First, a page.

In an ideal scenario, we’d all reach a ripe old age, living healthy long lives free from major illness. In reality, living into one’s 80s, 90’s, and beyond often requires coordinated care, including assisted living, medical intervention, and sometimes nursing home care. Since few of us can navigate late senior years alone, it is crucial to incorporate long-term care into life plans and goals. Doing so requires planning while also preparing and securing oneself financially.
Part I: Planning for Long-Term Care
While no one can rule out the need for long term-care, there are some ways to determine its likelihood. A good clue is a family history of disease and longevity. Consider how long your parents lived and what conditions they may have had. Many health concerns are hereditary, such as cancer, heart disease, and other ailments. If you come from a long line of family that lived into their 90s with few health concerns, maybe your need for long-term care will be less, affording you the opportunity to age in place at home or in a retirement community for many years. Or, if you know disease is prevalent in your family, you may want to consider steps you can take today to plan for the expense of long-term care or reduce your need through lifestyle choices.
Adjusting Your Lifestyle to Reduce Likelihood
If a scan of your family health history reveals lifestyle diseases, such as diabetes, cancer from smoking or obesity, you may be in greater control of your long-term care destiny. No matter your age, it’s always the right time to change your lifestyle to improve your longevity and health. If you are obese or overweight, speak to your physician about changing your diet or activity levels. If you smoke, take steps to quit. If you have type 2 diabetes or are pre-diabetic, speak to your doctor about how to reverse the arrow of sickness in your life.
While none of these steps can guarantee that you won’t need long-term care, they can reduce the need and will certainly result in a healthier you. When assessing your potential need for long-term care, remember to focus on more than just physical health. Mental and emotional well-being play a role in wellness that can affect longevity.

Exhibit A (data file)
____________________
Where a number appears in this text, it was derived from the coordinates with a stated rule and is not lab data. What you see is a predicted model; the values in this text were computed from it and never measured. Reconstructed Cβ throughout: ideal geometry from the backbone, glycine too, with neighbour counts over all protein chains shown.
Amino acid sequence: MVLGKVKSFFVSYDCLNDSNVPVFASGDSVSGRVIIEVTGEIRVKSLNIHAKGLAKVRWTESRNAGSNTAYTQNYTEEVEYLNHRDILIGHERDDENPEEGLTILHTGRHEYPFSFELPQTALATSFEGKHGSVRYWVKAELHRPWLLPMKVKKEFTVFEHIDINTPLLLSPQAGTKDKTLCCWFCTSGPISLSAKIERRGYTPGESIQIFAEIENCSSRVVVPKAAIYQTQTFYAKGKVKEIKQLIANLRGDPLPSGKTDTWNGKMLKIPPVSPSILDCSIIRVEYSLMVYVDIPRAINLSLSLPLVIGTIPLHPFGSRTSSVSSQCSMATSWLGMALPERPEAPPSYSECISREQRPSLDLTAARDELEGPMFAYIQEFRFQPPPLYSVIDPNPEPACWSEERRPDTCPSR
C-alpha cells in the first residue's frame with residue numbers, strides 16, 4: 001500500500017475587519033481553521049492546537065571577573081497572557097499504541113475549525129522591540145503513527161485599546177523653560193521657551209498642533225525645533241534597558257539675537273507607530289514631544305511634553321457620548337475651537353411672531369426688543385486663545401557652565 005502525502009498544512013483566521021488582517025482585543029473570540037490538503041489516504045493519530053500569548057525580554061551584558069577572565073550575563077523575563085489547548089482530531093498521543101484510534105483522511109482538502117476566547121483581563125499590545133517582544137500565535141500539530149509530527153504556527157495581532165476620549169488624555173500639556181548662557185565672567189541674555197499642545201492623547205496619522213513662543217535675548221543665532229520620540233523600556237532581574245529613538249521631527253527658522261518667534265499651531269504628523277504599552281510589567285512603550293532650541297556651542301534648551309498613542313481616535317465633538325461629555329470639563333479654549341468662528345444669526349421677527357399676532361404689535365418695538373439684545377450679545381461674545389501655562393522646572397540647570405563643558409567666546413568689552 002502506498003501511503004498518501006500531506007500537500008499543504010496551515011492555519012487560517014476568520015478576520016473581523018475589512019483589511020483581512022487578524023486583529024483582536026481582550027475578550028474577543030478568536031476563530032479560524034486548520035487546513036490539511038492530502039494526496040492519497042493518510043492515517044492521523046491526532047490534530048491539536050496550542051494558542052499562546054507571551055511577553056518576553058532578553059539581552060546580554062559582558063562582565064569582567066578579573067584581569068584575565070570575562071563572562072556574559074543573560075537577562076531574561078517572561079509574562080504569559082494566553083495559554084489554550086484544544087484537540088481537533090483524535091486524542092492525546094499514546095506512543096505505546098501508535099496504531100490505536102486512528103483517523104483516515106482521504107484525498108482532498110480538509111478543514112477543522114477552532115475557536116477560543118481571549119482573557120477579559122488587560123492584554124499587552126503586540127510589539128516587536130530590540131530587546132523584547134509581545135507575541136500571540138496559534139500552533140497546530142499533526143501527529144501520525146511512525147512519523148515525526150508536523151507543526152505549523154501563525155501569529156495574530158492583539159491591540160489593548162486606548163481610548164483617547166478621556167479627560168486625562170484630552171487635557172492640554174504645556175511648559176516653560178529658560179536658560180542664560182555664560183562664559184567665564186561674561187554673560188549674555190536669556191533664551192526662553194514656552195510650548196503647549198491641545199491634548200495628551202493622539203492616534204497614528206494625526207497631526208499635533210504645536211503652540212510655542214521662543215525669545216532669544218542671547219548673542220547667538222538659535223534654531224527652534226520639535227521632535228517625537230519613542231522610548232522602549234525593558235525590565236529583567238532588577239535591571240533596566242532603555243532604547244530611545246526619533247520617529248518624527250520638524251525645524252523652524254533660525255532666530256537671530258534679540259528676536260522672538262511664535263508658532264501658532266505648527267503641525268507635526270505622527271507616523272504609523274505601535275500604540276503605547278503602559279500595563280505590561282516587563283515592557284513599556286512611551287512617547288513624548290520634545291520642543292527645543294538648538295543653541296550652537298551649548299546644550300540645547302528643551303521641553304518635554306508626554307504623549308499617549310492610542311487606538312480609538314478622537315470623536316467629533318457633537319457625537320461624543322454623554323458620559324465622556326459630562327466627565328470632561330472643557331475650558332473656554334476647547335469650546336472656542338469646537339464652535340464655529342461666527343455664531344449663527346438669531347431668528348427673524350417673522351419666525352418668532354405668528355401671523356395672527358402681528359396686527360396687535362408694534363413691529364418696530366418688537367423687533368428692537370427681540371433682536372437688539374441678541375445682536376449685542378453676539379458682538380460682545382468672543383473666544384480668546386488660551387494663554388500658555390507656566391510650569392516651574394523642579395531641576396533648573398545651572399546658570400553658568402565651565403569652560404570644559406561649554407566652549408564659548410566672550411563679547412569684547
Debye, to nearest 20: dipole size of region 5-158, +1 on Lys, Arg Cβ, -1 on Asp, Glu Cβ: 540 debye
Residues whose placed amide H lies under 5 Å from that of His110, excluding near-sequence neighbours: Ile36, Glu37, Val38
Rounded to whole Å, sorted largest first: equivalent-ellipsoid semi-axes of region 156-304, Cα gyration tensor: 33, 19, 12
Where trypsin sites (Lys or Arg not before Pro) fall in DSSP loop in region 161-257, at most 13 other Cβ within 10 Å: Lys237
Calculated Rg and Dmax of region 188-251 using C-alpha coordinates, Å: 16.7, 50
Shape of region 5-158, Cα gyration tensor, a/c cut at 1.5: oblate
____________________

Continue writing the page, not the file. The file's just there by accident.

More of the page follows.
Knowing Care Desires Early
Planning can go beyond trying to pinpoint or minimize need. Prudent planning always involves preparing for the worst, so consider speaking with your family and loved ones about your desires. If you are averse to living in a nursing home, you may be able to get a similar level of care from aid and assistance at home or in a supportive assisted living company. If you do not want to prolong cost or pain in your life, you may want to opt out of some treatments, such as chemotherapy in the case of cancer. When it comes to financing your long-term care, however, there are several options.
Part II: Paying for Long-Term Care
The cost of long-term care can be exorbitant. Currently, a private nursing home room costs an average of $100,000 a year. This steep figure is unaffordable for many, but the other options are costly as well. If you do not require placement in a nursing home, home health care aids still cost about $20 an hour. Depending on your need, employing an aid for just 40 hours a week is going to cost over $40,000, and only cover a quarter of the hours of the week. The cost of an assisted living community is less than a nursing home at an average of $4,000 to $7,000 a month, but it is still a steep figure for many.
Planning to pay these expenses requires a thorough assessment of your expected lifespan and health and financial resources. If you believe you will need nursing home care and want a private room, start saving. Although Medicaid may cover skilled nursing home care, this program is based on financial need, so you can be stuck if you have some money but not enough to finance prolonged private care.
One source of financing long-term care is the sale of one’s life insurance policies. Life settlement is the process in which an investor pays you cash to step in as beneficiary. These are complex transactions but they can provide much needed cash for long term care.
Another option for financing long-term care is through specific insurance, called long-term care or LTC insurance. These policies are not for everyone. For example, if you are healthy and never need the policy, the premiums would be spent for naught, unlike some life insurance policies that accumulate a cash value or investing the amount you might pay on premiums. The premiums on many of these policies increase and benefits decrease the older you get. But, insurance always requires accepting risk of the unknown. We all carry insurance policies that we may never tap into and accept that fact as a cost of living. LTC policies do not completely replace the need for cash, however, as many policies do not kick in for 90 days of admittance to a facility. If you think LTC insurance may be an option for you, speak to a financial planner about options.
Discussing end-of-life affairs is never easy. However, to make sure you and your loved ones enjoy quality of life and peace of mind during their later years, it’s best to start planning ahead and figuring out how to manage the cost of possible long-term care.
About the Author:
June Duncan is the co-creator of Rise Up for Caregivers, which offers support for family members and friends who have taken on the responsibility of caring for their loved ones. She is the author of the upcoming book, The Complete Guide to Caregiving: A Daily Companion for New Senior Caregivers.